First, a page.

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These issues are tremendously hard. Our county is very diverse. I lived in the poorer, southern part and was bussed to a high school in the northern, richer part. The county made sure to upgrade schools in the southern part first, so my high school was pretty literally crumbling around our ears, but we were winning all sorts of academic accolades and sending graduates to top colleges. My brother who didn't get bussed was one of 12 kids in the school (1500 students, about) to score over 1000 on the SAT, and they literally threw those kids a party and made t shirts. Many, many parents cared at the poorer school. Probably an equal percentage, to be honest. For the most part, though, the parents in the poorer area who cared often didn't have the time, knowledge, or resources to be particularly effective in making substantive changes, while the parents in the wealthy end who didn't care were bouyed by those around them. Their kids got cool library programs delivered to their day care, lots of guest speakers on career day, and all sorts of other benefits.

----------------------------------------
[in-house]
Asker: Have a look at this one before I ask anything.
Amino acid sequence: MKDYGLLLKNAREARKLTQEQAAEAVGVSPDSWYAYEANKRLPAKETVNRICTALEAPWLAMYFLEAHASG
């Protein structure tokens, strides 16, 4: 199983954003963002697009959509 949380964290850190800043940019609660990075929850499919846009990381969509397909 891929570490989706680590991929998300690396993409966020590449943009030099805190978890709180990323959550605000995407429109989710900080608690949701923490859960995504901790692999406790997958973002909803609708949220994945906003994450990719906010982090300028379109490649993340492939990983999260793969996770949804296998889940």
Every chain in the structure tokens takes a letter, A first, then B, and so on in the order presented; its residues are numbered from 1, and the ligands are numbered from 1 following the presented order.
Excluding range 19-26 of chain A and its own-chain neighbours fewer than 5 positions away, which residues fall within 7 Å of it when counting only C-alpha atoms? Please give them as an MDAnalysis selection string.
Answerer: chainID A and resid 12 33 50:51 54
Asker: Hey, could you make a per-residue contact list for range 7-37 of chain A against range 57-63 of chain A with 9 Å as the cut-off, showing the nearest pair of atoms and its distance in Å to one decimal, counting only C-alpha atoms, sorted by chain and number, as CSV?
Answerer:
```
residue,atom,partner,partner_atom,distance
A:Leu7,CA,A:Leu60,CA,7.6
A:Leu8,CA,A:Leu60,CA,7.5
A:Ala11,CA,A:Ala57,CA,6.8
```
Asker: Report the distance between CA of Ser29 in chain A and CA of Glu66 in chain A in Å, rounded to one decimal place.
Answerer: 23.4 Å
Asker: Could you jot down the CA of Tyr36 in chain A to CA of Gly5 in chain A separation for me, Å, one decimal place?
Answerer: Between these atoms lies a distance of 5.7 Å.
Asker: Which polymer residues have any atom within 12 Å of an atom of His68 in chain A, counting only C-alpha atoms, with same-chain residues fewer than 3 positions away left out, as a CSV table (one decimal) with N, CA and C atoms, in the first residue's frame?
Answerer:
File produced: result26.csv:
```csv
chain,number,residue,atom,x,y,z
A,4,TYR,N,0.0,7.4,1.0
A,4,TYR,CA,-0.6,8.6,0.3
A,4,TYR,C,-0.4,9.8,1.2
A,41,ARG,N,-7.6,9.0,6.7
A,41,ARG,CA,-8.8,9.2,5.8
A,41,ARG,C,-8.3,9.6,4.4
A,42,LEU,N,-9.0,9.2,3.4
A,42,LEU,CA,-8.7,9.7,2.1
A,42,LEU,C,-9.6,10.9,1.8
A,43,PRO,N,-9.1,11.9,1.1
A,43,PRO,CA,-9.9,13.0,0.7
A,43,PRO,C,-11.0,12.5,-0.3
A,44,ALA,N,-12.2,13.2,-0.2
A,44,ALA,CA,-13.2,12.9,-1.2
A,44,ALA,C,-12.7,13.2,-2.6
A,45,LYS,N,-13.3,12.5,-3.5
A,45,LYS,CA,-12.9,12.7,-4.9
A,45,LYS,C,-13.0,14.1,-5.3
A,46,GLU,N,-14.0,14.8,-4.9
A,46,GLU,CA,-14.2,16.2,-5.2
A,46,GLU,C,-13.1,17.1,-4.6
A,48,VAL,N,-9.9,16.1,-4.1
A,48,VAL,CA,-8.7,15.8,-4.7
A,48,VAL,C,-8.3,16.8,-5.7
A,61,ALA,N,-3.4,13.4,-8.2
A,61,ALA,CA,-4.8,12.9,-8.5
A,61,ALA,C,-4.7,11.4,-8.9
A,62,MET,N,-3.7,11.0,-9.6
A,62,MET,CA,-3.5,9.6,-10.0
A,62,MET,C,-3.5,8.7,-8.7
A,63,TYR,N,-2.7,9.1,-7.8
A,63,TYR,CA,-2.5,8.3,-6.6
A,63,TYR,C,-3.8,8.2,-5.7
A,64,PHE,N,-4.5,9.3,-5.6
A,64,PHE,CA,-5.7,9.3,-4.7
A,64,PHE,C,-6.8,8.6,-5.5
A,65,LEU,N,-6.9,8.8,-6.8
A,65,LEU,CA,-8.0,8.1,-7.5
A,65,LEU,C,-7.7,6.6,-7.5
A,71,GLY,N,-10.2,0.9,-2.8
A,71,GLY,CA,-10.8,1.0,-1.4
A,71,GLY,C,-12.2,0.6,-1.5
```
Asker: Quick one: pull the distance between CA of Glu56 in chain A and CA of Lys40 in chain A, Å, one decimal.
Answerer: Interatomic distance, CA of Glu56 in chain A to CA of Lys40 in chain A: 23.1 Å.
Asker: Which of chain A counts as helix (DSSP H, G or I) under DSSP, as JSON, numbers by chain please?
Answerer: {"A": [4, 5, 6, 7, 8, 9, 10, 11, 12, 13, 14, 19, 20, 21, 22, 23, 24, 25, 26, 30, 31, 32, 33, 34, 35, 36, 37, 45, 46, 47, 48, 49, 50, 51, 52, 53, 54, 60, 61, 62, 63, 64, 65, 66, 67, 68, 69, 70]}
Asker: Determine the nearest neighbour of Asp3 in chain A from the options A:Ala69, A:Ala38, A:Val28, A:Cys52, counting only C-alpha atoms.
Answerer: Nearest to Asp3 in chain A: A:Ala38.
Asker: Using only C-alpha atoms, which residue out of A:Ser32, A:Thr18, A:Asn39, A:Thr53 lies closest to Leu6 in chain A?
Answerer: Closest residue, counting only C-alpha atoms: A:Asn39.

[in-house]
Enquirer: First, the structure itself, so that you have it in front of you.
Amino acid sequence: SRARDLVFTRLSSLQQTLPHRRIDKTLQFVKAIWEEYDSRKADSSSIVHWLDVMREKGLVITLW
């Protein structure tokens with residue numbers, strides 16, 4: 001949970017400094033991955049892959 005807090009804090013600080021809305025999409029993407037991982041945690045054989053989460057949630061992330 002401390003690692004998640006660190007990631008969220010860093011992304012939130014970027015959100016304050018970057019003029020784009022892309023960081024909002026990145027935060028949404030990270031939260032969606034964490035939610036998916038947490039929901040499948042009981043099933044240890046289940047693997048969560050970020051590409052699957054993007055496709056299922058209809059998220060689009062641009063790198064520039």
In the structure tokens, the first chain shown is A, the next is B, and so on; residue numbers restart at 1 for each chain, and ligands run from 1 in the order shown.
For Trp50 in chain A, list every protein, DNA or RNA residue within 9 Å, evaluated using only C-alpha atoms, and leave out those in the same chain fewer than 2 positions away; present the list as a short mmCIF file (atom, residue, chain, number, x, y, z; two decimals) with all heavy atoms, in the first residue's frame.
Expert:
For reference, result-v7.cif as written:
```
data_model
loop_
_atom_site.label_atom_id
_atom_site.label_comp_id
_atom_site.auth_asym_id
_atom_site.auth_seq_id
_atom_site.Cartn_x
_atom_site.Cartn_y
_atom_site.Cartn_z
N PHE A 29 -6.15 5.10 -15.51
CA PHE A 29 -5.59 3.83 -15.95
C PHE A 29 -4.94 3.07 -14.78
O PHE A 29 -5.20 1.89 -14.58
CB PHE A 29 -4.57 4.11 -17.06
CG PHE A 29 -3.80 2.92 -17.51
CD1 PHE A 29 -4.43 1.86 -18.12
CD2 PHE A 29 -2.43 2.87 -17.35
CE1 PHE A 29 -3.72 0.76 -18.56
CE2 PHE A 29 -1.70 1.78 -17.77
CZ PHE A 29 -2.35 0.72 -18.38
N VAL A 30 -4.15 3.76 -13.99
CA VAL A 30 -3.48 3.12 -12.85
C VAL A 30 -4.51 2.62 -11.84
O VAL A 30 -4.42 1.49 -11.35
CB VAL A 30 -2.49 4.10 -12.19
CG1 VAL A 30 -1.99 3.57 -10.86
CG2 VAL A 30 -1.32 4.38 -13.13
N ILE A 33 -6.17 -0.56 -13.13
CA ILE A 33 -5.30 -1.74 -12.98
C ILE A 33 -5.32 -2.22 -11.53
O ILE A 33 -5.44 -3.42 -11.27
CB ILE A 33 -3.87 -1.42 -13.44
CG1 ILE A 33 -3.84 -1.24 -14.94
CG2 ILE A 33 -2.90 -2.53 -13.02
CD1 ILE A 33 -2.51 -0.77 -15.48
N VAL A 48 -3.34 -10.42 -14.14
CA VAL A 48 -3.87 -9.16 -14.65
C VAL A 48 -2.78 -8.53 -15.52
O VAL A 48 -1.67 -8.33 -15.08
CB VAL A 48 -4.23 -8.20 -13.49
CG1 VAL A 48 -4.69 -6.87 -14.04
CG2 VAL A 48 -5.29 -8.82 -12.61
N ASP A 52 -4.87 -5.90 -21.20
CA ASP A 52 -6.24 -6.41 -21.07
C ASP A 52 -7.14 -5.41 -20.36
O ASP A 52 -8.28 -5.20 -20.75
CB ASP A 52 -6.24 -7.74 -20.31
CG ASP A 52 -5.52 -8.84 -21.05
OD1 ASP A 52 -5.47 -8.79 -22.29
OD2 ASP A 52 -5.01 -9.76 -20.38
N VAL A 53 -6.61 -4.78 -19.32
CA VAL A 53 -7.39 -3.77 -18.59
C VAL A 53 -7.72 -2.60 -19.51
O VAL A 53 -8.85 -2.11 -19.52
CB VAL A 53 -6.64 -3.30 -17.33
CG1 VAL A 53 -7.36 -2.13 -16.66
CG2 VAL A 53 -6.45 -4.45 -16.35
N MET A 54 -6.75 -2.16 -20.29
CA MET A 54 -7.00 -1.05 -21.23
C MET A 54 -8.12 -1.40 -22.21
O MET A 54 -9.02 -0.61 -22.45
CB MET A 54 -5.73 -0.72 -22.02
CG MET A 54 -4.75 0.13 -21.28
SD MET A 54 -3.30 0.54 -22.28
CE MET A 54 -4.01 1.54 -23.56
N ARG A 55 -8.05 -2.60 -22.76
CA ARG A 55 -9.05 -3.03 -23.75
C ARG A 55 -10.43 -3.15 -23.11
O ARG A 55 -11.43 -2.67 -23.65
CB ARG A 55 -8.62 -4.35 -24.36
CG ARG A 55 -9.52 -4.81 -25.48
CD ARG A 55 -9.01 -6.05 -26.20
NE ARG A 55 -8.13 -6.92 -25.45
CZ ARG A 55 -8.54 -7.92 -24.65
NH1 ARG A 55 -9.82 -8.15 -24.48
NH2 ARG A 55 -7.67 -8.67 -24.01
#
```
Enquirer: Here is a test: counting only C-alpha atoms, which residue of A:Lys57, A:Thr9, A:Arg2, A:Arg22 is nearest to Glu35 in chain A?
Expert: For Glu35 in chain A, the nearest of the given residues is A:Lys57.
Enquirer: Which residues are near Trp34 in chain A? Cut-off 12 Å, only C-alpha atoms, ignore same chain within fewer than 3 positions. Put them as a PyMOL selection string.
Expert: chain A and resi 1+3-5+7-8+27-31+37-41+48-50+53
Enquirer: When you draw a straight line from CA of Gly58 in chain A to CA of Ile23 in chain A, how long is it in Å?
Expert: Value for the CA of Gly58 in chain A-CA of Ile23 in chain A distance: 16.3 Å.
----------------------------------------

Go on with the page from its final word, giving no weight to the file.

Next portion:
Currently with Covid, parents on the wealthier end are calling more strongly for in person classes, while those in the poorer end are more concerned about kids bring home illness to families. There's a lot of rancor as both sides are angry at others telling them what's best for their kids.

(currently I live right in the middle, literally and figuratively)

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I think it depends a bit on what standardised curriculum means.  They are rolling out a national curriculum in Australia - which is also a very diverse place. It doesn't mean that everyone gets the same textbooks or whatever. They provide a set of outcomes and they can be met in a range of different ways. And with the smaller high schools, I believe you can enrol in particular subjects as a Distance Ed student, just as if you were a remote student studying from home. They have both Special Ed distance units and a new Gifted focused Distance Ed program too.